California propositions stir campus conversation

In the aftermath of conversations concerning the presidential election, the propositions on the ballot in California received less attention. On Nov. 8, a total of 17 propositions were voted on, 12 of which passed.

Proposition 62 would have repealed the death penalty and replaced it with a life sentence in jail without possibility of parole. It was defeated with 6,913,025 votes to 6,068,675 votes.

Freshman English major Reilly Fitzpatrick voted yes on Proposition 62.

“I think that the death penalty is putting the role of God into man’s hands, and I don’t agree with that. I think making capital punishment as part of human government is something that goes against my personal Christian beliefs,” Fitzpatrick said.

Helena Mayer, a freshmen music major, voted no on Proposition 62.

“I said no only because from the last research I had. The amount of money spent keeping someone in prison for lifetime means that taxpayers have to spend a significant amount of money further. I think the death penalty is not as barbaric as people make it sound; it’s quick and easy, as long as it’s humane,” Mayer said.

Mayer also voted yes on Proposition 66, which was designed to speed up the process of the death penalty and eliminate certain appeal trials that prolong the process by years and cost the state and taxpayers millions of dollars a year. It was approved by a margin of 6,340,488 votes to 6,058,853 votes.

The death penalty was not the only controversial issue with two propositions. Propositions 67 and 65 dealt with the ban of single-use plastic bags. Proposition 67 banned plastic bags, which has made grocery stores charge 10 cents per reusable bag. It was approved by a margin of 6,893,455 votes to 6,082,718 votes.

Proposition 65 would have taken the 10 cents per bag and dedicated it to a wildlife conservation fund, giving grants for drought mitigation; clean drinking water supplies; recycling; litter removal; wildlife habitat restoration; beach cleanup; and state, regional and local parks. It was defeated by a margin of 6,987,497 votes to 5,919,018 votes.

Fitzpatrick, Mayer and sophomore communication studies major Lindsay Goodell all voted yes on the plastic bag ban propositions.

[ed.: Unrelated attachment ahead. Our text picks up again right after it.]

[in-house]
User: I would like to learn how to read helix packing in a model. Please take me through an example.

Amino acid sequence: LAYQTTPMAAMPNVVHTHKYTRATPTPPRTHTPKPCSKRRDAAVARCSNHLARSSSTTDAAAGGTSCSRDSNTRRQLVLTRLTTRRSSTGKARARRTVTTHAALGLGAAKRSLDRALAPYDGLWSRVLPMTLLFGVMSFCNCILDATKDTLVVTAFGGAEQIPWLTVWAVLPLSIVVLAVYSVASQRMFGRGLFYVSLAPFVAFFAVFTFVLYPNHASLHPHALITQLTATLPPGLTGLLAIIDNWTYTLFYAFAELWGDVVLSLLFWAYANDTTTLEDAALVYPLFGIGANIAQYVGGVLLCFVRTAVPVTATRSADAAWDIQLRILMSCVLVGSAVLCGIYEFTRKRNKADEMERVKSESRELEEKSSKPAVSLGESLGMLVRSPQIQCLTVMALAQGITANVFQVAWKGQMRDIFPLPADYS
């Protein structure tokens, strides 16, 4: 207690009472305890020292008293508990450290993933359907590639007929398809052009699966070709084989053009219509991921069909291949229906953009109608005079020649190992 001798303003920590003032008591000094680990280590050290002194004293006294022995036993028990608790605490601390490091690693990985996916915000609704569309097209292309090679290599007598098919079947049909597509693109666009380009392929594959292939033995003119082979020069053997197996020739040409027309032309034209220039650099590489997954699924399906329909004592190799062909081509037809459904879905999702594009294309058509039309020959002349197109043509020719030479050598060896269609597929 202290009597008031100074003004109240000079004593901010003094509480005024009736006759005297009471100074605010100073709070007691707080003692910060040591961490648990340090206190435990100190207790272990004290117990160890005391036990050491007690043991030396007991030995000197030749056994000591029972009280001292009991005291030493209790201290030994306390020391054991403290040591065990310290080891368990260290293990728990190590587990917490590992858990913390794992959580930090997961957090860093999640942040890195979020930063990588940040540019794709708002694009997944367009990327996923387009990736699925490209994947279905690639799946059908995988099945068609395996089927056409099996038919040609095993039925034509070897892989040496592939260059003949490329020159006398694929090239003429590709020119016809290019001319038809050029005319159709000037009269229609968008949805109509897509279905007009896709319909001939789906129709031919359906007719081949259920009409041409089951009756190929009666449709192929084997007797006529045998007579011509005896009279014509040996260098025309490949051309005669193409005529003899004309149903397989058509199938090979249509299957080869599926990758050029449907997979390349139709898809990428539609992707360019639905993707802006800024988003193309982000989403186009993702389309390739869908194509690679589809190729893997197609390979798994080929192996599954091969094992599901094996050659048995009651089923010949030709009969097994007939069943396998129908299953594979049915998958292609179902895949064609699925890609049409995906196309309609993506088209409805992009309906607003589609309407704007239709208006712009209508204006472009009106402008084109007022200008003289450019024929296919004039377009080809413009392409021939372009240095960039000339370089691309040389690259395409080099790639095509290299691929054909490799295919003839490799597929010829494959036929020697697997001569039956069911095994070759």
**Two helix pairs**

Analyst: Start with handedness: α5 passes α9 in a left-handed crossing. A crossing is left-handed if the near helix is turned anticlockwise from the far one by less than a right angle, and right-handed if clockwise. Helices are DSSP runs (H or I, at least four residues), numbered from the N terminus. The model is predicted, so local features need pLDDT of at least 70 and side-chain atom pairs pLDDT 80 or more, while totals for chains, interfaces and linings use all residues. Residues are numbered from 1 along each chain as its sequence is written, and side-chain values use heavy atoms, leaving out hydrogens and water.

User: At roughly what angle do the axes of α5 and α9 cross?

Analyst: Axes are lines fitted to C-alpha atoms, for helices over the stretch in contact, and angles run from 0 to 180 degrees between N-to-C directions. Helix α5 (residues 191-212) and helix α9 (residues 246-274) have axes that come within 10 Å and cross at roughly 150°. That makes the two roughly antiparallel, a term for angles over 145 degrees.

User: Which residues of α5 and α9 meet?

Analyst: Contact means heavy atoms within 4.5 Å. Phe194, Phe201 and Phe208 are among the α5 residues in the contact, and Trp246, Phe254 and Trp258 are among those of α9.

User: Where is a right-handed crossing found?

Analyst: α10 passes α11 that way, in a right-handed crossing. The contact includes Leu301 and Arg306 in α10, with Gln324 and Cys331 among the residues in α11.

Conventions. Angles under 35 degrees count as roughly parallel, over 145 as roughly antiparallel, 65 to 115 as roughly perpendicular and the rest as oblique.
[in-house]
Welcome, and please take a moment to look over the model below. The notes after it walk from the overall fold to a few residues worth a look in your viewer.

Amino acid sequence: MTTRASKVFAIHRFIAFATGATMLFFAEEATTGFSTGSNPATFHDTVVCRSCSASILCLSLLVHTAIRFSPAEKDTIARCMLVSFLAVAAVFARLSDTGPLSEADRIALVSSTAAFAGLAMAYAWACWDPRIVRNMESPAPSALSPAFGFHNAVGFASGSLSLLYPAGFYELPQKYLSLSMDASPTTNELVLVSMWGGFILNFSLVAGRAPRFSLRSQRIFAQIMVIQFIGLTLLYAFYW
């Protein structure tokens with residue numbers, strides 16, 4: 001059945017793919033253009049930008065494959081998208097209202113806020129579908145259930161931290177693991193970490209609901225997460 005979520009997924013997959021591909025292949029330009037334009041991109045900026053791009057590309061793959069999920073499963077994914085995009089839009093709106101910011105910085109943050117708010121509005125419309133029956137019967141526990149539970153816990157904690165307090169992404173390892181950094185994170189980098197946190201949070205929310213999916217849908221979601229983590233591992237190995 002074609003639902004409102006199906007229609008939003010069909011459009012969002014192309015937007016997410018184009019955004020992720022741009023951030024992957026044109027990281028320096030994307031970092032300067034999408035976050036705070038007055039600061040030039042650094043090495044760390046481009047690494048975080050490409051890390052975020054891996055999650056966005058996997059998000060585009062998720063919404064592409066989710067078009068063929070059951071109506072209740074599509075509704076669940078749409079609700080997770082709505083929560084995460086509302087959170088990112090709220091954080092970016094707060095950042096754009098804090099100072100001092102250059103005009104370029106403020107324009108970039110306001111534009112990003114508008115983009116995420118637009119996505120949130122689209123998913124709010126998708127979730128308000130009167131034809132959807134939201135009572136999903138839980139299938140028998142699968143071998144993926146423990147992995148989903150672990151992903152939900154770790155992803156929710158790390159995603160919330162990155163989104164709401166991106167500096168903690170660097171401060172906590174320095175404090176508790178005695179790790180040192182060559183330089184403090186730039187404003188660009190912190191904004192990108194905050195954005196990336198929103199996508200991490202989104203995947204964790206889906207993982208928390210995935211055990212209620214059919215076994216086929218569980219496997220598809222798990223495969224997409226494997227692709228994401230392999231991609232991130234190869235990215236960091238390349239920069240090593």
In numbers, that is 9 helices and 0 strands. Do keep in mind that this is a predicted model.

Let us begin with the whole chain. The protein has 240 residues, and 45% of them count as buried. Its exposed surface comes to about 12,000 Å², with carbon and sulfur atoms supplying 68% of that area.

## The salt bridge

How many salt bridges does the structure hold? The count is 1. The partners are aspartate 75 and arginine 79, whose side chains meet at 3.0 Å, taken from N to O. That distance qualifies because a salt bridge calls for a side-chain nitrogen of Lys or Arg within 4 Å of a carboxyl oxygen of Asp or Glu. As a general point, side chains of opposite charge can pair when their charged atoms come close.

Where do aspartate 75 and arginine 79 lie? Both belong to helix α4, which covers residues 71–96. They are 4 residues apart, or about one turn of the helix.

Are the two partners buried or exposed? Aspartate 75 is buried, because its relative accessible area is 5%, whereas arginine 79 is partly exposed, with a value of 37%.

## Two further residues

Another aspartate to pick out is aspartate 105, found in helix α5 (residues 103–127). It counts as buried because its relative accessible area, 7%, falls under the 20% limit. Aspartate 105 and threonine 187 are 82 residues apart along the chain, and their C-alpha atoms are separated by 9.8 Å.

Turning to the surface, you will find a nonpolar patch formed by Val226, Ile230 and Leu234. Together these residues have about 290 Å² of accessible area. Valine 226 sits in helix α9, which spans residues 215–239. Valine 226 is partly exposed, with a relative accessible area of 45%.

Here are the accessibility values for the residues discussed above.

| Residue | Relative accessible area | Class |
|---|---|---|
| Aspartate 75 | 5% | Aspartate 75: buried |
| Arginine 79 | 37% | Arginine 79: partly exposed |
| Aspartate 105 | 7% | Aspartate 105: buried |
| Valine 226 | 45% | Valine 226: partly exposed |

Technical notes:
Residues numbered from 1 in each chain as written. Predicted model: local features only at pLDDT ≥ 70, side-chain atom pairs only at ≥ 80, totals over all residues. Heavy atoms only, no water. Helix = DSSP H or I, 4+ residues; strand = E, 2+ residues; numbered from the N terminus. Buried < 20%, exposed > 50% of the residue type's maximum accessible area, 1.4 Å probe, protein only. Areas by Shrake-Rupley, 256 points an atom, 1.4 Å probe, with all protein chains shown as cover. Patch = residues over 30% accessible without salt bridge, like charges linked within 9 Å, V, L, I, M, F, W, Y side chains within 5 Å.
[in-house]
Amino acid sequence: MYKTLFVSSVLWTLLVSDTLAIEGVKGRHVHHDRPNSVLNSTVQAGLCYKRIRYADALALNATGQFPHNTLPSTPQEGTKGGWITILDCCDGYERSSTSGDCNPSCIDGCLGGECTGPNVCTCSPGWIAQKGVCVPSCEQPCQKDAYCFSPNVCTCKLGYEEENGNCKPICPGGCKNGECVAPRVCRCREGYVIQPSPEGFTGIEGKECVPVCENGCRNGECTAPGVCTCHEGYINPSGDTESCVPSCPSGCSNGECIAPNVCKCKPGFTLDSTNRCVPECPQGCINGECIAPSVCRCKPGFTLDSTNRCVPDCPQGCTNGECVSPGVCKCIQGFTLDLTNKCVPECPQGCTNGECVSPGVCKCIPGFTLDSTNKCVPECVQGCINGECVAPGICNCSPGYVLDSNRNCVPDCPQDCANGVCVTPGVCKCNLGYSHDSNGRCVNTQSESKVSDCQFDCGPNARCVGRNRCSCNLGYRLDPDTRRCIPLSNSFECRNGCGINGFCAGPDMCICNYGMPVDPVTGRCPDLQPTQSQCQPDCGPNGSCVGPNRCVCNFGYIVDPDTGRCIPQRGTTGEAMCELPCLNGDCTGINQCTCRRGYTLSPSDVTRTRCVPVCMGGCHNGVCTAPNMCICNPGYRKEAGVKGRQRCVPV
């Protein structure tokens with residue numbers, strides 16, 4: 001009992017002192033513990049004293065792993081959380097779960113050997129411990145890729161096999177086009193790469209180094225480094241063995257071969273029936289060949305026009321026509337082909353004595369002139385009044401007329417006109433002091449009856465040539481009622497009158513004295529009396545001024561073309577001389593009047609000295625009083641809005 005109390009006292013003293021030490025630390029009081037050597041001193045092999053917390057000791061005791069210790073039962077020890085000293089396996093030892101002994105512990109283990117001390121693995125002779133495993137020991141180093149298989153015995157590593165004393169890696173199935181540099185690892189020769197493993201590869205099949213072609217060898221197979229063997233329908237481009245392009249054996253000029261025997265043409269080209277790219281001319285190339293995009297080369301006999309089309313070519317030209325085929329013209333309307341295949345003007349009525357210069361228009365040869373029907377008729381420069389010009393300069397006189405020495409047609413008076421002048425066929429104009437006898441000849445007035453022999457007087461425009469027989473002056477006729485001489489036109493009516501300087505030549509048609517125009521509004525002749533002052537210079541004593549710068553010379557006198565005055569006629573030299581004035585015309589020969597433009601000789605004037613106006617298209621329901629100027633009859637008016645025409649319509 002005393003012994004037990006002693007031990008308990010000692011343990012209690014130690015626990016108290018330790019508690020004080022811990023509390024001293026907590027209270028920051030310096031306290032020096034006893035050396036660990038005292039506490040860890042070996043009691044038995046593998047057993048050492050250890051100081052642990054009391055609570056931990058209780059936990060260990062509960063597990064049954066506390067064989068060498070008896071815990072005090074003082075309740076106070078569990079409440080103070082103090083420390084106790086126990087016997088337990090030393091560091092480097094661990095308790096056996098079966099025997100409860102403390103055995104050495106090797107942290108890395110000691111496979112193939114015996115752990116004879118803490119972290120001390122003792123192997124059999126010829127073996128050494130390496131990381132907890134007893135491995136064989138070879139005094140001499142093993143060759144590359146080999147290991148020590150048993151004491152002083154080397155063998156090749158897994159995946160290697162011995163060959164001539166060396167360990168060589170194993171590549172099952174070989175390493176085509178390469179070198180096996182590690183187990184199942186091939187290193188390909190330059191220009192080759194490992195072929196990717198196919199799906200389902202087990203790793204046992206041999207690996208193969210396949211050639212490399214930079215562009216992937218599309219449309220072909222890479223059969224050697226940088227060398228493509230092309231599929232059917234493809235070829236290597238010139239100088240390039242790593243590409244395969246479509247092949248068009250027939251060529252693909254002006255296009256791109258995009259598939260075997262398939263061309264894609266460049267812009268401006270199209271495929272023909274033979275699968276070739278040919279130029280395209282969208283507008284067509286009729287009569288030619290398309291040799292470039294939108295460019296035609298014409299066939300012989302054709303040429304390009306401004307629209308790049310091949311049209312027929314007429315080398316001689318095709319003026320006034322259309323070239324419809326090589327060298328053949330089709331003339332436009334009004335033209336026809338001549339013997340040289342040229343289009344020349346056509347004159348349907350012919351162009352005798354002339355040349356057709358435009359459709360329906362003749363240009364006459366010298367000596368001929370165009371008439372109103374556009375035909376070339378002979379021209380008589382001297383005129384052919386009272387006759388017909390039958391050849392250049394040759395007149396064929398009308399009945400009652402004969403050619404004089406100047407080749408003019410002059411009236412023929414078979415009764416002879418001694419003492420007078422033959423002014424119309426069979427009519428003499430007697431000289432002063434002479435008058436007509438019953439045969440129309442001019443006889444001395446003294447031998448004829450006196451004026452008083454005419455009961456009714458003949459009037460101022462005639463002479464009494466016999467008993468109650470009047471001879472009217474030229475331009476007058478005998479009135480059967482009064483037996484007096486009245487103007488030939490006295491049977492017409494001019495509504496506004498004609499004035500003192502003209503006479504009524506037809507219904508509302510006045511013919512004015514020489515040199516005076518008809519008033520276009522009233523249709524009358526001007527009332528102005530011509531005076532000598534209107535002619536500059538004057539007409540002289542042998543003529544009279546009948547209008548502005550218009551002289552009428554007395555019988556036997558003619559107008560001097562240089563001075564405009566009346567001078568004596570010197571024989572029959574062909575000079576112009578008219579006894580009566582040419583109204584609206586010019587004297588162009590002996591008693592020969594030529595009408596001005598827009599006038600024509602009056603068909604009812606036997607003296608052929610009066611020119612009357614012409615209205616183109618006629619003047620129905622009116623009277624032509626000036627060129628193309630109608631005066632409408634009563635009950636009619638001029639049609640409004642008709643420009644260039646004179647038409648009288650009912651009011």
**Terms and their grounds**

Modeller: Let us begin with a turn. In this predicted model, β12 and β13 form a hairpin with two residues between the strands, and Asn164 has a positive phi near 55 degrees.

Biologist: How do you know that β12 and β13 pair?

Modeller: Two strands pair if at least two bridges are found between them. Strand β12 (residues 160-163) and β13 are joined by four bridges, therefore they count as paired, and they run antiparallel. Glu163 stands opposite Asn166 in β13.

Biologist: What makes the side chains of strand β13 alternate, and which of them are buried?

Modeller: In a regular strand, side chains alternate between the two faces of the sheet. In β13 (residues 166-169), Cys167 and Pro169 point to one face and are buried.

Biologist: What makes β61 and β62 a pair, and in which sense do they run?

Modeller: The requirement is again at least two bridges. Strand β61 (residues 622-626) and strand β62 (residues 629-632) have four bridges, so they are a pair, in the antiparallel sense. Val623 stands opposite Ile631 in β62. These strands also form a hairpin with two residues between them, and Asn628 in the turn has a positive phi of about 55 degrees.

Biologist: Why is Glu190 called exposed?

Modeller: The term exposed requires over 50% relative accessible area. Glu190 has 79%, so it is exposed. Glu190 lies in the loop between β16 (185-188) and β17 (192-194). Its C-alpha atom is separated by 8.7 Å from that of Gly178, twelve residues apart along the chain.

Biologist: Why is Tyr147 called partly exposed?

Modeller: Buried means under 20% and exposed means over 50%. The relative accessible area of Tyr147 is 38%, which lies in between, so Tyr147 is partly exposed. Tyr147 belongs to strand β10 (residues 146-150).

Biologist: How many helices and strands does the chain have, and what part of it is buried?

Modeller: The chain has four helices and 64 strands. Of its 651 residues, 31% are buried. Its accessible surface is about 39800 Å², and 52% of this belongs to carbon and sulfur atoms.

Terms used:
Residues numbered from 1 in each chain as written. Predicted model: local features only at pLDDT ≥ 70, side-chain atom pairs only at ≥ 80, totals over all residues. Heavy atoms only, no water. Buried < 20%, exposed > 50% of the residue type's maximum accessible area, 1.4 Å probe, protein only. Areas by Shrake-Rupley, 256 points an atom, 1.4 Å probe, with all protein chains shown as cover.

“Everyone will just get used to it. A lot of places in California are already doing that. To me, it’s not that big of a deal,” Goodell said.

Fitzpatrick shared Goodell’s view that it’s something people will get used to.

“It’s a first world problem,” Fitzpatrick said. “I think that paying 10 cents for a bag or bringing your own bag is not that big of a deal, and we should be able to deal with that.”

Fitzpatrick said that environmental issues weren’t as important to her as others, but they were still important because she wanted to keep the environment safe and clean.

Proposition 64 dealt with the legalization of recreational marijuana for people 21 and older. It was approved by a margin of 7,602,606 votes to 5,744,950 votes. Mayer was one of the more than 7 million that voted yes.

“You see a lot of teenagers start drinking because of rebellion. I feel like it’s the same thing. No matter what, it’s still being produced,” Mayer said.

Both Fitzpatrick and Goodell voted no on the proposition.

“I think it’s going to cause a lot more accidents—we already have enough accidents even with people that are drunk driving. I think it will cause a lot more problems than it will help,” Goodell said.

Proposition 58 was concerned with bilingual education. It suggested that students who speak English as their second language (ESL) shouldn’t have to take subjects like math or science in English, and can instead learn it in their native language. It was approved by the largest margin of 9,530,008 votes to 3,466,275 votes. Fitzpatrick voted yes on 58.

“I tutor kids at the library; a lot of them are ESL students, and they have a lot of trouble with a concept that they would easily grasp if it was in their native language. I think that’s really helpful for them academically,” Fitzpatrick said.

To view the rest of the propositions that did and did not pass in California, visit ballotpedia.org/California_2016_ballot_proposition.

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